reem. In Deuteronomy 33:17, "his (Joseph's) horns are like the horns of an unicorn" (so margin rightly, not "unicorns"); "the ten thousands of Ephraim and the thousands of Manasseh," two tribes sprung from the one Joseph, are the two horns from one head. Therefore the unicorn was not as is represented a one-horned animal, but some species of urns or wild ox. The rhinoceros does not "skip" as the young unicorn is represented to do (Psalm 29:6). The unicorn's characteristics are:
(1) great strength, Numbers 23:22; Job 39:11;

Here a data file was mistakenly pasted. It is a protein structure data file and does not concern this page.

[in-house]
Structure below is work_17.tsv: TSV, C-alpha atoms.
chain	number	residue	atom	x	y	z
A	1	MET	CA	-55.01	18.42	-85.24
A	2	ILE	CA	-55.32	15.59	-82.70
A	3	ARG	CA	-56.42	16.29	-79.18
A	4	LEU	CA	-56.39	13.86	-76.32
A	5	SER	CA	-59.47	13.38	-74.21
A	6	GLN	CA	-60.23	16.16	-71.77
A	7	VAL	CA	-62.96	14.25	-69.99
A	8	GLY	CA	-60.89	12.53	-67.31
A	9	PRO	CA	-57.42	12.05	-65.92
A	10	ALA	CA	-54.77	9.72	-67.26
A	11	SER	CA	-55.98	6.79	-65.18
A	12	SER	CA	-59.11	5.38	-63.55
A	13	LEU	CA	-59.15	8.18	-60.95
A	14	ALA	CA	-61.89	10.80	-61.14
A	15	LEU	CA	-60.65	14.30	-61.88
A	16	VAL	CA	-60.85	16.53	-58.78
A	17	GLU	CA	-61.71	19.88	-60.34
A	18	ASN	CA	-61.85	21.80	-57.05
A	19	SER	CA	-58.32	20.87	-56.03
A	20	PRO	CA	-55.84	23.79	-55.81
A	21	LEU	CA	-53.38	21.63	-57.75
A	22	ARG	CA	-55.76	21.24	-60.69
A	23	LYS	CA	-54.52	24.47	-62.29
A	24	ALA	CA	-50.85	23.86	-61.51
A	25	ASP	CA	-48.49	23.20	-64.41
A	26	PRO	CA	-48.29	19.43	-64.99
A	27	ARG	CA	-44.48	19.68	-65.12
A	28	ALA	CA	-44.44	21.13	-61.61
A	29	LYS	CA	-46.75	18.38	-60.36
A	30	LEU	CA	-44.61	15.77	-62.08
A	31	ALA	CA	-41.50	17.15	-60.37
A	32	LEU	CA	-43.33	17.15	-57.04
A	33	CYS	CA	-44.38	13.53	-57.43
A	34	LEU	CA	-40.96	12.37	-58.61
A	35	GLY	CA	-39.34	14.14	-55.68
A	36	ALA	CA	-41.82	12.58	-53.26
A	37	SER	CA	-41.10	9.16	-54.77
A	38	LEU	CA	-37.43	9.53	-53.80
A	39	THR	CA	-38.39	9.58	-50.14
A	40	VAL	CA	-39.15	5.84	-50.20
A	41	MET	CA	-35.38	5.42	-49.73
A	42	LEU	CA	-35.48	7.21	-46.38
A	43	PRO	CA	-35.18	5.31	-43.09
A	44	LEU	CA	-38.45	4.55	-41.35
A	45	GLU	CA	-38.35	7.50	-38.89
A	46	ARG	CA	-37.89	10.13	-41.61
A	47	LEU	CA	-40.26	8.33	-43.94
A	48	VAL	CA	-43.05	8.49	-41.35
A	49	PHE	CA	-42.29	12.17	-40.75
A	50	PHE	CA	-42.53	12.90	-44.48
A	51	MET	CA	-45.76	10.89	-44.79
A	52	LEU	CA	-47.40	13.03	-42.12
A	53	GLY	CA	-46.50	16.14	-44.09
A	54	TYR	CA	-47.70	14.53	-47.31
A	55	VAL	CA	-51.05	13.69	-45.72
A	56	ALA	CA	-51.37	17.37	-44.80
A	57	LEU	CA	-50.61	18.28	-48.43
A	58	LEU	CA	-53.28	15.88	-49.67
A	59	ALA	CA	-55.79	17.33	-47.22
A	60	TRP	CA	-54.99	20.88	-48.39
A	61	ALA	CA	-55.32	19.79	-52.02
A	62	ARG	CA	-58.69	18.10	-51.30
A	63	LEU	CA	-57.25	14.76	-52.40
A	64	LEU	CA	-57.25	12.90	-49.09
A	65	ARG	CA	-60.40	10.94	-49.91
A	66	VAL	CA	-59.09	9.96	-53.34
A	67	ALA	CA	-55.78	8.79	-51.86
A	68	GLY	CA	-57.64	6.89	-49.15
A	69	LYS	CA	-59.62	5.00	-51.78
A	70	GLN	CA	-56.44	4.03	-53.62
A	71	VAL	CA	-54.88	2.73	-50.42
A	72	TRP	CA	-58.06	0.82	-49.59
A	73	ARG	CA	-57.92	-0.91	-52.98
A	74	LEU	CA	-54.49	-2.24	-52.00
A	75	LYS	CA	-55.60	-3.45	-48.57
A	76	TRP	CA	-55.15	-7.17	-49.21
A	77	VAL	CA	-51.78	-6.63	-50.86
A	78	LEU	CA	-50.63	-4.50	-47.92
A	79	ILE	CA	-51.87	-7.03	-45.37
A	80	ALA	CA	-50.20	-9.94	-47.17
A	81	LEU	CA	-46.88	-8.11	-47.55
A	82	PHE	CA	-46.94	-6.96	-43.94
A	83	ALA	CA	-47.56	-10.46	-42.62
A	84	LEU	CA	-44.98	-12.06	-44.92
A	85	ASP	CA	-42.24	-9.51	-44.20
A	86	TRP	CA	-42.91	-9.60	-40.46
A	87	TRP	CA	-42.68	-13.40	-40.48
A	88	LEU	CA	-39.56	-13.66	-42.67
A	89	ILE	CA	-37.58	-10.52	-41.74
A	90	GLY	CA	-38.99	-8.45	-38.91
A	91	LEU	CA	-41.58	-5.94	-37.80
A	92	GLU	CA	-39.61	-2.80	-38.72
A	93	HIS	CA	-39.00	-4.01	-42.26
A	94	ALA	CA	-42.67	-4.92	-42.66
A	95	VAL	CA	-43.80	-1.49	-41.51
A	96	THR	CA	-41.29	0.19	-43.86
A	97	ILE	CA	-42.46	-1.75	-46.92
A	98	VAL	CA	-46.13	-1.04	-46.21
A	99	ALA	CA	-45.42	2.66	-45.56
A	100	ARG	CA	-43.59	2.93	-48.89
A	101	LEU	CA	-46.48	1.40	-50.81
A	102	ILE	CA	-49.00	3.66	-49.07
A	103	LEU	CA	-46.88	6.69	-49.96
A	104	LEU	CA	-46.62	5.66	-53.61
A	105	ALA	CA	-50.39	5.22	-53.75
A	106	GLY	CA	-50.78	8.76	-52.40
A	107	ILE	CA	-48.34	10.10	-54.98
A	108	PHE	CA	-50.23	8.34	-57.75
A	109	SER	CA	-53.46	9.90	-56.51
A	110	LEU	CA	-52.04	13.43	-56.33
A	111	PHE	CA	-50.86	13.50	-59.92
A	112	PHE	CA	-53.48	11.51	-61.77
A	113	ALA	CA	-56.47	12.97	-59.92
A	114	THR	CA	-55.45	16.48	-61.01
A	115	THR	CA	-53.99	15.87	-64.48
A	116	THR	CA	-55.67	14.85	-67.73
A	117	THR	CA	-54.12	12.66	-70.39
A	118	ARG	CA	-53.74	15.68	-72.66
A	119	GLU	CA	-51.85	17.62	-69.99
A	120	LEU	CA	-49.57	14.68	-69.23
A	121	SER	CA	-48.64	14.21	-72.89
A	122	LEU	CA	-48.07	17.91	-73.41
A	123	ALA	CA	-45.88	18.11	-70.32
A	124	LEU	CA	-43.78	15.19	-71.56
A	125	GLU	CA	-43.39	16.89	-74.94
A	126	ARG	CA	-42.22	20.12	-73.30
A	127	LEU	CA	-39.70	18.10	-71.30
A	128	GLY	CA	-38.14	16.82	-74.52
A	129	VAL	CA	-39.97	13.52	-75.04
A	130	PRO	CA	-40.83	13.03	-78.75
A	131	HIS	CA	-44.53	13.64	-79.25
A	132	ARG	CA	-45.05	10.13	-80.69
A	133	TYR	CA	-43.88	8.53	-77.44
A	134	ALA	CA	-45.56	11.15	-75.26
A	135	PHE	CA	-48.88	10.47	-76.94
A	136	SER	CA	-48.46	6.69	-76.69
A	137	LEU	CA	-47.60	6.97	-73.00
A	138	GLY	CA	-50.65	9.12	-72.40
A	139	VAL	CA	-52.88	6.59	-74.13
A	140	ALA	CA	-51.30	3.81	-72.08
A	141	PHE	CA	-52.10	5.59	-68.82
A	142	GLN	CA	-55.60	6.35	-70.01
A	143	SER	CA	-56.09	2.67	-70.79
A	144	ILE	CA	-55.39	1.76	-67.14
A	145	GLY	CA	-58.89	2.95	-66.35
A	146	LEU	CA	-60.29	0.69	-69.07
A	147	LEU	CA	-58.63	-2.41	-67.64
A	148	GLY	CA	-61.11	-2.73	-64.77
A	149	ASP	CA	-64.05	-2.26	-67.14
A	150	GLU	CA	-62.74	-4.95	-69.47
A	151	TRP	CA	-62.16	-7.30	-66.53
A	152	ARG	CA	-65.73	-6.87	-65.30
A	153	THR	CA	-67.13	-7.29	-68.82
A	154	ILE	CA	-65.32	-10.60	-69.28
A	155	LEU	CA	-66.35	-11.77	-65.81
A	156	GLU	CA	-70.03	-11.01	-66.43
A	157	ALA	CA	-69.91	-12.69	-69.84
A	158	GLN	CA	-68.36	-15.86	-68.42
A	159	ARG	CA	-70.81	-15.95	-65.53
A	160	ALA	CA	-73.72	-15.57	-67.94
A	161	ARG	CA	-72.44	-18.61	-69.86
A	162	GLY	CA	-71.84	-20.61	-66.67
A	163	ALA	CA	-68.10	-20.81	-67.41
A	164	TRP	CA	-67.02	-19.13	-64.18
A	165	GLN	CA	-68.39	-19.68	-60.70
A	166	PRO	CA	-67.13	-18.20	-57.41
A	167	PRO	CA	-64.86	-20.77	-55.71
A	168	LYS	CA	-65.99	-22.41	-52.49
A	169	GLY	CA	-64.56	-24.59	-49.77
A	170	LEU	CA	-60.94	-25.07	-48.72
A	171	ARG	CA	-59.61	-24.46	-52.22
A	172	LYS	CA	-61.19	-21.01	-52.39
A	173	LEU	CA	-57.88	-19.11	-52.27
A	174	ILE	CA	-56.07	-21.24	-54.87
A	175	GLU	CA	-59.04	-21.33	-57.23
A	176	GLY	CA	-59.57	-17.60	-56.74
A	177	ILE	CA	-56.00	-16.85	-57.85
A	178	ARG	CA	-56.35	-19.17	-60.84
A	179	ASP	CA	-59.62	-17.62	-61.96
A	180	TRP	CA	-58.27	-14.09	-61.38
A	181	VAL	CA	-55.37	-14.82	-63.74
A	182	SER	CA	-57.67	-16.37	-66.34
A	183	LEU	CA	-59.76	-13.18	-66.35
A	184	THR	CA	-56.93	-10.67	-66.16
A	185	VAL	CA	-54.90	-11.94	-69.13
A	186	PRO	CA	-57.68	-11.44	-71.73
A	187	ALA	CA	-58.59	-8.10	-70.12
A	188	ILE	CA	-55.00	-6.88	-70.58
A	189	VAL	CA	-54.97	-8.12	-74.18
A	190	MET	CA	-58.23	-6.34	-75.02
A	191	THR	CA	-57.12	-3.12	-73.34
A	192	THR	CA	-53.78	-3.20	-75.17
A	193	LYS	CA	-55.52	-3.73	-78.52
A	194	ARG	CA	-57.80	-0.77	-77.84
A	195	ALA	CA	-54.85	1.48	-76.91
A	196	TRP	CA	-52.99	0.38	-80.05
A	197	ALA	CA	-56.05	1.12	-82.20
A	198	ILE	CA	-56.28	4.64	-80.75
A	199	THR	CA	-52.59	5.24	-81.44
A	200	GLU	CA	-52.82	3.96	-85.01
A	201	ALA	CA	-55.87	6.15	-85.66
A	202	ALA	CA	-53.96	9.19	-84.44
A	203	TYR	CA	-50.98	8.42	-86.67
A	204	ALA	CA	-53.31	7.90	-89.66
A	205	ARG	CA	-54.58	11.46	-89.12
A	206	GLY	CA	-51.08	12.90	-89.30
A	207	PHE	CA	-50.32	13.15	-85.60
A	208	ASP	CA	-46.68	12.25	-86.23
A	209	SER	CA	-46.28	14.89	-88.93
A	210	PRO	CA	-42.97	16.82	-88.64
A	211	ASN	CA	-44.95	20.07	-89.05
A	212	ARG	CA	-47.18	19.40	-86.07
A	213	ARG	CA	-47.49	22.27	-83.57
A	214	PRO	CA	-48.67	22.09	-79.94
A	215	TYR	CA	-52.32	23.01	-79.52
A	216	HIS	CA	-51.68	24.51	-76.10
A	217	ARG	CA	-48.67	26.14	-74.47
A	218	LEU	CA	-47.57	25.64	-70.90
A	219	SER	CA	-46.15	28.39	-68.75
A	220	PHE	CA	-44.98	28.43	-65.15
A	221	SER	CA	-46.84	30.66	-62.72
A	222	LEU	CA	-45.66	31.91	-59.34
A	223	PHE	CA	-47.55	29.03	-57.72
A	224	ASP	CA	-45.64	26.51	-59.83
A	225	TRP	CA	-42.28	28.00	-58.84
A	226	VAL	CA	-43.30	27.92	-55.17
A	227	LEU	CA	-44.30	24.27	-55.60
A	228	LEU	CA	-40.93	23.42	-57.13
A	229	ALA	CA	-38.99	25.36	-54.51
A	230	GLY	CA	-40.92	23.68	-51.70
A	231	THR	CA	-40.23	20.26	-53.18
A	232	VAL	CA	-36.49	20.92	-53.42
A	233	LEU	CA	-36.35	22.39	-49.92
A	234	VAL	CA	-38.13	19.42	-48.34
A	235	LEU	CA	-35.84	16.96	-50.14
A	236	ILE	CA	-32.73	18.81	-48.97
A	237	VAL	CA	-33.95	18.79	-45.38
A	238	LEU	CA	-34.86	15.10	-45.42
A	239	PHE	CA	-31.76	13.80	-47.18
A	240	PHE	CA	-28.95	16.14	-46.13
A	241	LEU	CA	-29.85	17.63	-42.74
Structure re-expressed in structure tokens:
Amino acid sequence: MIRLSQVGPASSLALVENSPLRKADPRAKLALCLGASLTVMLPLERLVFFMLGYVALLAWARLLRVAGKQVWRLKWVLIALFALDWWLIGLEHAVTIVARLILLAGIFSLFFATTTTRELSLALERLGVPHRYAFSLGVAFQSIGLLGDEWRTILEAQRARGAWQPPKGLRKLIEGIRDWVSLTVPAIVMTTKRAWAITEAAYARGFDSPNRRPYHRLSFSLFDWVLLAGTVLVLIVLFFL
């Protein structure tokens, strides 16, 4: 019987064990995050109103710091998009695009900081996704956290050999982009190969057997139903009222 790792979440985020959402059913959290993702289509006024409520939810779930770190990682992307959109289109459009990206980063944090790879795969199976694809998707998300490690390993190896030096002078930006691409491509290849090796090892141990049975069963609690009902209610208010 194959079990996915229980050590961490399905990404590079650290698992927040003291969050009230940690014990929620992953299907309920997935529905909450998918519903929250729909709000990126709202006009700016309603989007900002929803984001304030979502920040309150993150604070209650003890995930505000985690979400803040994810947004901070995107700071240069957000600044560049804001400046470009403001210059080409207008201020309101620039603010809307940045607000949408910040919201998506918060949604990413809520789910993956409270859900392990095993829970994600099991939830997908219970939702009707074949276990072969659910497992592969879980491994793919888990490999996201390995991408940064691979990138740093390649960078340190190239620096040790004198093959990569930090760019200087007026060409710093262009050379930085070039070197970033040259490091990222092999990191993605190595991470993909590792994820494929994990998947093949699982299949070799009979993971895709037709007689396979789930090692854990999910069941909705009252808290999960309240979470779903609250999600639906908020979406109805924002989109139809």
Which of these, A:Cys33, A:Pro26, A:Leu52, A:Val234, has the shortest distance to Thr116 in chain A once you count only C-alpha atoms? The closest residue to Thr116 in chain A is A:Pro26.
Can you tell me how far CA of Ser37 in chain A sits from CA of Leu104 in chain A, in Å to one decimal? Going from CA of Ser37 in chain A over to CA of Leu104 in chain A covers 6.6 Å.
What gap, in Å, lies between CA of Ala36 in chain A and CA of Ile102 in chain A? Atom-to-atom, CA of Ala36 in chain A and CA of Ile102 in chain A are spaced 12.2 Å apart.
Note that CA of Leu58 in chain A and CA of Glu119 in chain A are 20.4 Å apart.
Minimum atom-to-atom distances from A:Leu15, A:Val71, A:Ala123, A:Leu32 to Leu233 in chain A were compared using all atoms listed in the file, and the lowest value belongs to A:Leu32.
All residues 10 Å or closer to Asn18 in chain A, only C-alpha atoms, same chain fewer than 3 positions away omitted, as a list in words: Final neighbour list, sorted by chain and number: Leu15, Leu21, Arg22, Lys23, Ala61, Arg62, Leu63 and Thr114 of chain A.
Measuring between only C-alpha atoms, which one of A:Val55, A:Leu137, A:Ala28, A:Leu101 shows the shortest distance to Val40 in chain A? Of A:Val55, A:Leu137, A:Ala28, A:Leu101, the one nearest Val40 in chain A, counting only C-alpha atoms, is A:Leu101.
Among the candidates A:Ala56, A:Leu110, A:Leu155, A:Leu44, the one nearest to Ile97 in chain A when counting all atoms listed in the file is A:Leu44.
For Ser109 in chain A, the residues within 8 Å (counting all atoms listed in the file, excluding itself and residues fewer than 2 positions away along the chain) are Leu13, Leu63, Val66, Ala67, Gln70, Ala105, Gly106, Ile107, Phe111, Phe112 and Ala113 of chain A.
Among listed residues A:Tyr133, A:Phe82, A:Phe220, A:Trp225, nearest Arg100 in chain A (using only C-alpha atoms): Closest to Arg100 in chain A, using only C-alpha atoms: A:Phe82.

(2) two horns, Deuteronomy 33:17;
(3) fierceness, Psalm 22:21;
(4) untameableness, Job 39:9-11, where the unicorn, probably the wild bison, buffalo, ox, or urus (now only found in Lithuania, but then spread over northern temperate climes, Bashan, etc., and in the Hercynian forest, described by Caesar as almost the size of an elephant, fierce, sparing neither man nor beast) stands in contrast to the tame ox used in plowing, Job 39:11-12;
(5) playfulness of its young, Psalm 29:6;
(6) association with "bullocks and bulls" for sacrifice, Isaiah 34:6-7;
(7) lifting up the horn, Psalm 92:10, as bovine animals lower the head and toss up the horn.